About the Recipe
If you're a fan of anise, you'll love these cookies. If you're not, I believe that these cookies could convert you. They are definitely one of my top 5 favorite traditional Swiss Christmas cookies. Not only do they taste heavenly, they bring back childhood memories of my grandmother and make me think of Switzerland.
These cookies are made primarily of powdered sugar, eggs and flour, making them snow white in color. (Quite appropriate for a Christmas cookie don't you think?) They can come in these handmade half moon shapes with slits or as a more intricately designed flat cookie by using beautifully carved stamp like molds. (If made this way, they are known as Anisbrotli). Either way, they have a nice crisp outside and a wonderfully chewy inside. Both the sweetness and anise flavors are light. Neither one overpowering.
As far as cookies go, these do have a couple of steps to make them and need to sit out overnight before baking, so they do require a little more planning and patience, but believe me, it is all worth it!
If you are looking for a cookie that stands out from the rest Chrabeli are the way to go. With their unique shape and distinctive flavor, they will definitely stand out of the Christmas cookie crowd.
They also keep well when stored in an airtight container, so you can make them ahead.
500g powdered sugar
1 1/2 teaspoons anise seed
Pinch of salt
In a large bowl, mix together the eggs and powdered sugar. In a separate bowl, mix flour with salt and anise seeds. Using your hands (or a stand mixer with paddle attachment), add flour mixture to sugar mixture bit by bit until everything is well incorporated. The dough may be slightly dry. This is normal. If you feel it is much to dry you can add a couple of tablespoons of luke warm water. You do not want the dough to be too sticky though, so go bit by bit. It should hold it's shape but just barely, it may crack a little and that is normal.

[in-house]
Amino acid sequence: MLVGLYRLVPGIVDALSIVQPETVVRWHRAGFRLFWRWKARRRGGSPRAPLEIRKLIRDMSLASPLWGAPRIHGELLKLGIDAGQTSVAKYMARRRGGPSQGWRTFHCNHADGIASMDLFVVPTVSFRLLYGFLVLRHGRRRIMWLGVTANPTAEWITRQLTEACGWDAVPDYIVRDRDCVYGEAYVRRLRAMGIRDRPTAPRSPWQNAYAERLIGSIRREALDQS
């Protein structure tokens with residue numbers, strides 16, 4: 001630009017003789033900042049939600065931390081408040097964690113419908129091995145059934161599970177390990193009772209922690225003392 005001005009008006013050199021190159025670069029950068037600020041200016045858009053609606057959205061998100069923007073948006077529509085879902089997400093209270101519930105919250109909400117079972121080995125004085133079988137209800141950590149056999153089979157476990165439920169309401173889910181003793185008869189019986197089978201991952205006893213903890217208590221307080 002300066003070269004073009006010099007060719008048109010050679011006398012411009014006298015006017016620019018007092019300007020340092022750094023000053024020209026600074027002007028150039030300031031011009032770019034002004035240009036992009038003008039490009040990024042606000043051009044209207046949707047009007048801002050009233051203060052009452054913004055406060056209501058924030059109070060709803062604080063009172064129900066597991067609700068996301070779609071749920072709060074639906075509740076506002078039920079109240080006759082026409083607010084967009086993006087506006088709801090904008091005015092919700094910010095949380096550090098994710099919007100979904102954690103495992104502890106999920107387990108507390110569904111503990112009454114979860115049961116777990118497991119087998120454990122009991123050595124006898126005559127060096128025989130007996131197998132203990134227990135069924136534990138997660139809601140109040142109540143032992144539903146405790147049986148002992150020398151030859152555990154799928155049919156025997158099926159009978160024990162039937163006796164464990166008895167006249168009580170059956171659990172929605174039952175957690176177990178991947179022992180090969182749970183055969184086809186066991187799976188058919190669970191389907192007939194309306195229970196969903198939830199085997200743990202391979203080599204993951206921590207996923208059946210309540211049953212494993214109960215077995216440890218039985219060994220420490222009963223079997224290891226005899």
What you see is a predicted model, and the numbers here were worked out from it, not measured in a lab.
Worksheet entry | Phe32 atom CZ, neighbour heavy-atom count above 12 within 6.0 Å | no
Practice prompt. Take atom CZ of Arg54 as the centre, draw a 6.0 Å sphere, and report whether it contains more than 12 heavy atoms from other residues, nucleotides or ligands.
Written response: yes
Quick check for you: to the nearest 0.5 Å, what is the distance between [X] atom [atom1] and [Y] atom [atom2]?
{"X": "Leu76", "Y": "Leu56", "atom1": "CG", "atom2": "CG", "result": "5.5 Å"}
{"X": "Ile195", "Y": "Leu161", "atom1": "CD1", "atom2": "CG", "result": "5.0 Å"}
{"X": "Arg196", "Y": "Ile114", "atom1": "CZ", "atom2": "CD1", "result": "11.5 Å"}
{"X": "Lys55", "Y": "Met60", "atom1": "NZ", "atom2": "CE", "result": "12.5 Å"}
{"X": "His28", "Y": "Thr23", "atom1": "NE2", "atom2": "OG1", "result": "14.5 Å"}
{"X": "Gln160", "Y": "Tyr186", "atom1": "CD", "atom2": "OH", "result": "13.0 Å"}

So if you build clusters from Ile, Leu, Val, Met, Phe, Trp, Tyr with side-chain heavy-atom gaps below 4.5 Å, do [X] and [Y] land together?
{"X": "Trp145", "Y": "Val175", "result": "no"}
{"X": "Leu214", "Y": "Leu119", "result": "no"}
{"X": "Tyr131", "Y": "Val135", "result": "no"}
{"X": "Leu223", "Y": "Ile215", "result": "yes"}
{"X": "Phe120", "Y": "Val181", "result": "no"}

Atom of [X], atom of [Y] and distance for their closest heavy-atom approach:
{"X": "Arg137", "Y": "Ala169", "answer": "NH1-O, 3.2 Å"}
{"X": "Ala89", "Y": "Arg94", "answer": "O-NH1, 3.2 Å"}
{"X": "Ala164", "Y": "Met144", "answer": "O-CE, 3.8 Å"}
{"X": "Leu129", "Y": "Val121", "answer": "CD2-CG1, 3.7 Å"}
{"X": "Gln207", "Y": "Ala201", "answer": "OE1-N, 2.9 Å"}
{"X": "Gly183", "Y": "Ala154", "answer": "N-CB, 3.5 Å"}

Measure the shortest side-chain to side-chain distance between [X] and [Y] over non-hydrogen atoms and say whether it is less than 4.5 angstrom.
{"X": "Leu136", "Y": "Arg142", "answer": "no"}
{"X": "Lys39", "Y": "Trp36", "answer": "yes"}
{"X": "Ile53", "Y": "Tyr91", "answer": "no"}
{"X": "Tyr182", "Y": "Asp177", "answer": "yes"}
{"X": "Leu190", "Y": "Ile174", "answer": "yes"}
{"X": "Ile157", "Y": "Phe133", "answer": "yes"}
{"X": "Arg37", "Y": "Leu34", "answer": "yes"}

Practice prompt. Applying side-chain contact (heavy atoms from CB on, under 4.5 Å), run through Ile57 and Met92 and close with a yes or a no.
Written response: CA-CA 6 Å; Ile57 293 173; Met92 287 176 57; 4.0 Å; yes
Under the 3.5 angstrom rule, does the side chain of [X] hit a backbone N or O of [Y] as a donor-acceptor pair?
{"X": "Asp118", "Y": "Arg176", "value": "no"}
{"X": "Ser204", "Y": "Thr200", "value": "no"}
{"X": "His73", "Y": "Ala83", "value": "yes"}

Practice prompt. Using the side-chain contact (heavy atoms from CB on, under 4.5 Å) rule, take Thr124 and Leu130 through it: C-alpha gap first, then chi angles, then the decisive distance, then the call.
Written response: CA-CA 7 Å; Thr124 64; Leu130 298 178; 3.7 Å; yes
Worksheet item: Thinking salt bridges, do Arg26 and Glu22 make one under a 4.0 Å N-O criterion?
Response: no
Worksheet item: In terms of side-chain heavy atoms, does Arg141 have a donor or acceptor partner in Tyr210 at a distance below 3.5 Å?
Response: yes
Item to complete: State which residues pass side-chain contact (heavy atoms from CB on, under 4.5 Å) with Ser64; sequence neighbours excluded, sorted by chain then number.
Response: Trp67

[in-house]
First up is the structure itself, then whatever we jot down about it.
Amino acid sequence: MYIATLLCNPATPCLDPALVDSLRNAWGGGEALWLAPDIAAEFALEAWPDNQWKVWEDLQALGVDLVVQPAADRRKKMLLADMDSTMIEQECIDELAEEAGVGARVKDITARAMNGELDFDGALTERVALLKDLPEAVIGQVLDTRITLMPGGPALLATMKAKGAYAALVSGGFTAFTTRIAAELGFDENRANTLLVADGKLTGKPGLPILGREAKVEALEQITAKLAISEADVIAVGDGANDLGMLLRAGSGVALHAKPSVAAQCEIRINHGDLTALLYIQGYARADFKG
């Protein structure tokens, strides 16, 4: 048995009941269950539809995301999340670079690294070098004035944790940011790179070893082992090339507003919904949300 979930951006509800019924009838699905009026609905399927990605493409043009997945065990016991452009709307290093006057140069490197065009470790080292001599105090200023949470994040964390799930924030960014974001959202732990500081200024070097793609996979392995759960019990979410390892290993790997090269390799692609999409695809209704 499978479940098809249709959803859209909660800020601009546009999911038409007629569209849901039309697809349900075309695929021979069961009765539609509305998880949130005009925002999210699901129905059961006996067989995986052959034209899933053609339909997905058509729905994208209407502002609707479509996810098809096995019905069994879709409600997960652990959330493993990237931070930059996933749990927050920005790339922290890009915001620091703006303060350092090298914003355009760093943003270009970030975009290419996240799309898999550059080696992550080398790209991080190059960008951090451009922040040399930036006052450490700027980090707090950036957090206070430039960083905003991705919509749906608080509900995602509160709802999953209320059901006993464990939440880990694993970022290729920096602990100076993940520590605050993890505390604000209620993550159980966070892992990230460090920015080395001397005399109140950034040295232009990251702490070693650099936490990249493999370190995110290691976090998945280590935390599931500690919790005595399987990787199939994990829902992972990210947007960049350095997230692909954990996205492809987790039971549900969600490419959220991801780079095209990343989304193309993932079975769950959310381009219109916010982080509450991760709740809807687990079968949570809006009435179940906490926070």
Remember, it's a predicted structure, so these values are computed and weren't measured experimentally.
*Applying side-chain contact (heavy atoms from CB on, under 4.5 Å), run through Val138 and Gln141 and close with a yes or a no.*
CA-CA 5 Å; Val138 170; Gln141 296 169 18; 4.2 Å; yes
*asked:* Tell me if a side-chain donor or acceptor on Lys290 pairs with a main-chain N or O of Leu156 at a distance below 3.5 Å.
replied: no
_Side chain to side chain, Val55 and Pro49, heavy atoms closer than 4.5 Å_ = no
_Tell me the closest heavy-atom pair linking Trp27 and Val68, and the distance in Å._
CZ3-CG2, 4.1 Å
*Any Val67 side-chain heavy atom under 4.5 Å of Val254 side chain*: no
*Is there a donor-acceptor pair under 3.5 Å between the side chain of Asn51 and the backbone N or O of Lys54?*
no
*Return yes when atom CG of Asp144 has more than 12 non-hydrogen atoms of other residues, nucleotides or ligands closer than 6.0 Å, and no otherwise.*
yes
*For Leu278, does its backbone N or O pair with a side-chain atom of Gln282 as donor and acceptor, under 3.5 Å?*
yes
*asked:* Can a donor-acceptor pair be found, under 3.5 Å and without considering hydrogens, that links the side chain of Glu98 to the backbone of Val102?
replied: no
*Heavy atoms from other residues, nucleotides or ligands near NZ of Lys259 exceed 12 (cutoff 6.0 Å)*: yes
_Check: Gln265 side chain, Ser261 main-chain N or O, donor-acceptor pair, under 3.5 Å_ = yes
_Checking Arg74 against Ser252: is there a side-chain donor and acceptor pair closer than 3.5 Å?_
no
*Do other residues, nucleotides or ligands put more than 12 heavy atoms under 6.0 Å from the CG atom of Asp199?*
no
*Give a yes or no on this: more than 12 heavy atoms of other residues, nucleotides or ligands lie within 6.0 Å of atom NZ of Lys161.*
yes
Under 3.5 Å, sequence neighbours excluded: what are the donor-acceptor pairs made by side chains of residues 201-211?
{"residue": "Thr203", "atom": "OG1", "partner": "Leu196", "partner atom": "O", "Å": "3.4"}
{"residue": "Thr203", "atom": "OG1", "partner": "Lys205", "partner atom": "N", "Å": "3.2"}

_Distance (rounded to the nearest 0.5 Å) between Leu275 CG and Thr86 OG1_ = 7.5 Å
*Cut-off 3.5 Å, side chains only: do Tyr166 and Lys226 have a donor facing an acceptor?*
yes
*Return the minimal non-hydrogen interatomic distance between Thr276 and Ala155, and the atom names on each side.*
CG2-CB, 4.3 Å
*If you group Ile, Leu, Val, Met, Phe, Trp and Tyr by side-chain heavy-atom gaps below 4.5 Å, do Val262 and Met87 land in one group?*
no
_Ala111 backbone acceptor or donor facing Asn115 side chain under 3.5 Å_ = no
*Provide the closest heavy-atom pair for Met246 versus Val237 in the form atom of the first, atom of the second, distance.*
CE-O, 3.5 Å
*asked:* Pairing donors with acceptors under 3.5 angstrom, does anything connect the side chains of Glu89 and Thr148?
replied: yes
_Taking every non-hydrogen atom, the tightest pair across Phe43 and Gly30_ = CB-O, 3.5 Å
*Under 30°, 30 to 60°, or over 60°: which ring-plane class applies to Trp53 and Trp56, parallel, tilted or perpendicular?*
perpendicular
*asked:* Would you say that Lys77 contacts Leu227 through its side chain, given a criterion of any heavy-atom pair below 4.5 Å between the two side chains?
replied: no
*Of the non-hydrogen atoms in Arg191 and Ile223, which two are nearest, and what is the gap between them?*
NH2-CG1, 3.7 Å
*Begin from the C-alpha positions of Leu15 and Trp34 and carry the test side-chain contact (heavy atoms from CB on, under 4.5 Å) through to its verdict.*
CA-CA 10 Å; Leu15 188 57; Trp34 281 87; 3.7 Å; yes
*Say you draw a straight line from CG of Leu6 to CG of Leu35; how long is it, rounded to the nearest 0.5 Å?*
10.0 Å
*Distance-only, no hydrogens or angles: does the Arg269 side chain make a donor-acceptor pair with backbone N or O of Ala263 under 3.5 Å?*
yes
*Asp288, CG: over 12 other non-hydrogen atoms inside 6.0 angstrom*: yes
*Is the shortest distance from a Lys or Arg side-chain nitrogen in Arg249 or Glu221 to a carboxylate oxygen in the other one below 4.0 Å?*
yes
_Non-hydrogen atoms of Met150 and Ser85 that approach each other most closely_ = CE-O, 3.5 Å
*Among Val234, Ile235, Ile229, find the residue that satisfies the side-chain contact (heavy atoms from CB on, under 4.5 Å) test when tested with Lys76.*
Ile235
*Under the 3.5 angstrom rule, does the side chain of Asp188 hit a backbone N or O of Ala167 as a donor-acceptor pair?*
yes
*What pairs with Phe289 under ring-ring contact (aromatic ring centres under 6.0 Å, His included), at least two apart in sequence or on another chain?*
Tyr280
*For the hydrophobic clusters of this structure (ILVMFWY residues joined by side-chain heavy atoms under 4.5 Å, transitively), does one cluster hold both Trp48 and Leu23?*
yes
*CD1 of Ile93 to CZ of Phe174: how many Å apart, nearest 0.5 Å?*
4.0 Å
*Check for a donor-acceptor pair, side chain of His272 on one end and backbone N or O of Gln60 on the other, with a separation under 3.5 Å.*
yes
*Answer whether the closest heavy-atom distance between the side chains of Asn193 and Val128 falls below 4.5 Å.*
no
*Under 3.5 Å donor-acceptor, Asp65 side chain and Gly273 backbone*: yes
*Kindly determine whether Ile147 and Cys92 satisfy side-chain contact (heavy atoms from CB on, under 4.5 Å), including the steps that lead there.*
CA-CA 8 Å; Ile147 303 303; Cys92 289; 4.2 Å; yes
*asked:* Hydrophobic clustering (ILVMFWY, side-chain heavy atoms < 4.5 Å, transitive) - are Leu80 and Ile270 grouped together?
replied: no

Use some powdered sugar to lightly dust your work surface so that the dough does not stick to it as you form your cookies. Take a chunk of dough and gently roll it out into a 2cm thick roll. Cut the roll at an angle into 8cm long sections. Take each section and make two shallow angled slits on one side. Now bend the section to form a 'U' shape (in the opposite direction of the slits).
Place your 'Chrabeli' on lined baking sheets and cover with a kitchen towel. They will now have to 'rest' over night. This 'resting' phase will allow the outside of the Chrabeli to harden a bit and help give them their awesome texture and raised base. (A trick learned from my grandmother).
When you are ready to bake preheat your oven to 300F.
You want these cookies to bake low and slow. That is what helps give them the crunchy outside and the awesome chewy center. Bake for 30-40 minutes. You'll know when they are done when the top of the cookie pops upwards so that it leaves the very important raised bottoms that are lightly golden. (Note: To ensure the slow and low baking process, my grandmother would also stick the handle of a wooden spoon in the side of the oven door to keep it from closing all the way).
These cookies definitely require a little patience and effort. But they are absolutely worth it. Along with Spitzbuebe and Cinnamon Stars, these are part of my favorites. Would love to know if you try them!
Store in an airtight container for up to 10 days.